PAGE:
Yesterday morning, Defense Secretary Robert Gates announced, after a 45-day study, the new rules that being implemented immediately to curb the worst of the Don’t Ask Don’t Tell dismissals. Essentially, only soldiers that voluntarily come out will be subject to investigations; a soldier outed by someone else won’t be entirely safe, but his accusers will have to testify under oath, and anonymous outings won’t be material. But this still leaves a lot of questions unanswered. And we’d like to have some definite positions on them before the Pentagon finishes up its nine-month policy review in December. Care to help us out?
If a soldier is on the receiving end of one what Gates’ describes as a “malicious outing” — where a jilted ex-partner outs the person in retaliation — does that mean the soldier is free of DADT? And can serve as an openly gay man? Or just that they won’t investigate the ex-partner’s claims, but if the soldier outs himself, he could still be investigated? We’re inclined to believe the latter; the malicious outing simply can’t be used as evidence in an investigation. But if a gay soldier’s comrades and COs know he’s gay because of the outing, it won’t take much to find other so-called evidence to out him in more kosher ways.
What constitutes protected and private data? The new rules will bar any medical data or security reviews from being used as evidence in a DADT dismissal. Also, conversations with legal counsel. But what is the definition “medical data”? We imagine soldiers’ consultations with doctors will be off limits as always (like they are with lawyers), and that the new rules would prohibit any “leaked” medical documents that might find their way into the wrong hands. But let’s say an entire unit at Ft. Bragg decides to participate in a local blood drive, and one gay men is forced to sit out because of FDA rules. Does dodging the question of why he’s not taking part constitute reason to investigate his sexuality? Does it constitute “telling”? Or is it protected medical data? Also: Hasn’t this always been the policy?
What happens if a four-star general is suspected of being gay? Or another senior ranking officer? Even with Gates increasing the rank an officer must have (to a one-star general) to initiate an investigation, can a lower-level officer lead dismissal charges against a higher-ranking one? Common wisdom says a lower-ranking officer would simply never challenge somebody whom outranks him, but then we get to the malicious outing portion of the program: What if the lower-ranking officer wants his gay boss’ job? (Yes, we know the likelihood of this situation ever arising is slim to none. But still, what’s protocol?)
Will officers still be allowed to publicly support DADT? Lt. Gen. Benjamin Mixon, the commander of U.S. Army Pacific, submitted a letter to the editor to Stars and Stripes saying he opposed repealing the law, and now he’s in trouble with Sec. Gates and Joints Chiefs of Staff chairman Adm. Mike Mullen. (Mullen told reporters Mixon is “obliged to certainly follow the direction of leadership right up to the president,” and if he feels “so strongly about it” then “the answer is not advocacy; it is in fact to vote with your feet.”) We all know the military isn’t headquarters for free speech, but just because the president says he wants DADT repealed, and his Pentagon leadership agrees, does it mean everyone must fall into line? Should officers opposing a repeal be treated the same way as white officers who say they don’t want to serve alongside blacks?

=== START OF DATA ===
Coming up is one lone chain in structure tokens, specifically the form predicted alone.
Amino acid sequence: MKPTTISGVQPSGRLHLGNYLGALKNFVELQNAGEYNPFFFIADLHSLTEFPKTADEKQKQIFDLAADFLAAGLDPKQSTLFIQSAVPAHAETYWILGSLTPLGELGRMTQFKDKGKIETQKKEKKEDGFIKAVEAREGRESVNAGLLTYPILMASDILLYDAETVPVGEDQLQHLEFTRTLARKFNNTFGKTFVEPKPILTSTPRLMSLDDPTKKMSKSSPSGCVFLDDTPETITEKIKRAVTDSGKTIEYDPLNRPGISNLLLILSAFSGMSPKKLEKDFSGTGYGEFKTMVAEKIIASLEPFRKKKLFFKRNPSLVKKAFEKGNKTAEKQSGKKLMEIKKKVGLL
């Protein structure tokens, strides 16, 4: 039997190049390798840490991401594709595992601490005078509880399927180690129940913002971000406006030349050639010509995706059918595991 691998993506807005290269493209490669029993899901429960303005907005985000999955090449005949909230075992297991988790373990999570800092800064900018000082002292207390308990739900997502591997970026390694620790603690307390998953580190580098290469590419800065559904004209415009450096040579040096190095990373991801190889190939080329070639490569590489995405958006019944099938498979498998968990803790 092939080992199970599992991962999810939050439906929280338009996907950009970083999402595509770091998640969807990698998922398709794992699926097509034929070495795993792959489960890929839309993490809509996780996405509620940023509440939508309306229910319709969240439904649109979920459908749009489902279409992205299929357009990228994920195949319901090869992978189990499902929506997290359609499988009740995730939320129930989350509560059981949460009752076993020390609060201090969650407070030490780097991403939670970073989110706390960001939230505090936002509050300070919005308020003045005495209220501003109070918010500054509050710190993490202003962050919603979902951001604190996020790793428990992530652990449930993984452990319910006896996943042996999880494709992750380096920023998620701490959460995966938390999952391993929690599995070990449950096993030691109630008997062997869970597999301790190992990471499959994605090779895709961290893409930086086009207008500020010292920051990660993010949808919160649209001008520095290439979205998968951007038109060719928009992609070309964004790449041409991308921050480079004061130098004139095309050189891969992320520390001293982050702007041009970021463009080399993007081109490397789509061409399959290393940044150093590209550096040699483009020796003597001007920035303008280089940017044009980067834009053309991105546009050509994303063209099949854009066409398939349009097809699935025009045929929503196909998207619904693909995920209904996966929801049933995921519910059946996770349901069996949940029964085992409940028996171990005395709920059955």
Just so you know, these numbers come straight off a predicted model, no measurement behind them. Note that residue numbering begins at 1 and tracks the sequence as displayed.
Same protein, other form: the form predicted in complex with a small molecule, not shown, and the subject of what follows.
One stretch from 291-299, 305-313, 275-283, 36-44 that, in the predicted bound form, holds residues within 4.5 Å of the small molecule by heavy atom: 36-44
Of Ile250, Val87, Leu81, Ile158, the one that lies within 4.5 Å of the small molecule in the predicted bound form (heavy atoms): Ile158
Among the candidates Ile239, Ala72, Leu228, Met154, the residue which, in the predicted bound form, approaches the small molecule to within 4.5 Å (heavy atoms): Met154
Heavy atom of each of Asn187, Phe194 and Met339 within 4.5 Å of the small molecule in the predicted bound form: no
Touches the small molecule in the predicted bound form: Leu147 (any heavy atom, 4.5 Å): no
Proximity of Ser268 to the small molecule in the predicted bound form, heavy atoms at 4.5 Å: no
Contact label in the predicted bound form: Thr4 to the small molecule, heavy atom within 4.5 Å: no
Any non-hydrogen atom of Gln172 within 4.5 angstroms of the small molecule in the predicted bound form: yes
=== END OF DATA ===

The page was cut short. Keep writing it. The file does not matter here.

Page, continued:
Will dismissed soldiers have any hope of re-enlisting? Gates made clear that the new rules will apply to current and future investigations only, which means anyone already dismissed under DADT — even with evidence used from the very malicious third-party outings that are now banned — won’t be welcomed back. This means folks like Lt. Col. Victor Fehrenbach, who had to come forward to defend himself against false rape charges, and Air Force Maj. Mike Almy, who was outed when his personal emails were surreptitiously included in his DADT investigation, remain persona non grata. But if they aren’t “automatically” allowed back in, can they attempt to re-enlist? We’re guessing not, because they’ve publicly identified as gay on numerous cable news programs, but what about the silent majority of dismissals who’ve taken their discharges and kept quiet? If these folks never publicly got involved in “telling” anyone, do the new rules forever make them ineligible? Perhaps we’ll know more in December, when the full report on repealing DADT is revealed.
We certainly haven’t covered all the unknowns. What questions do you still have? And perhaps some of our questions about have been answered, but we haven’t looked in the right places. Tell us.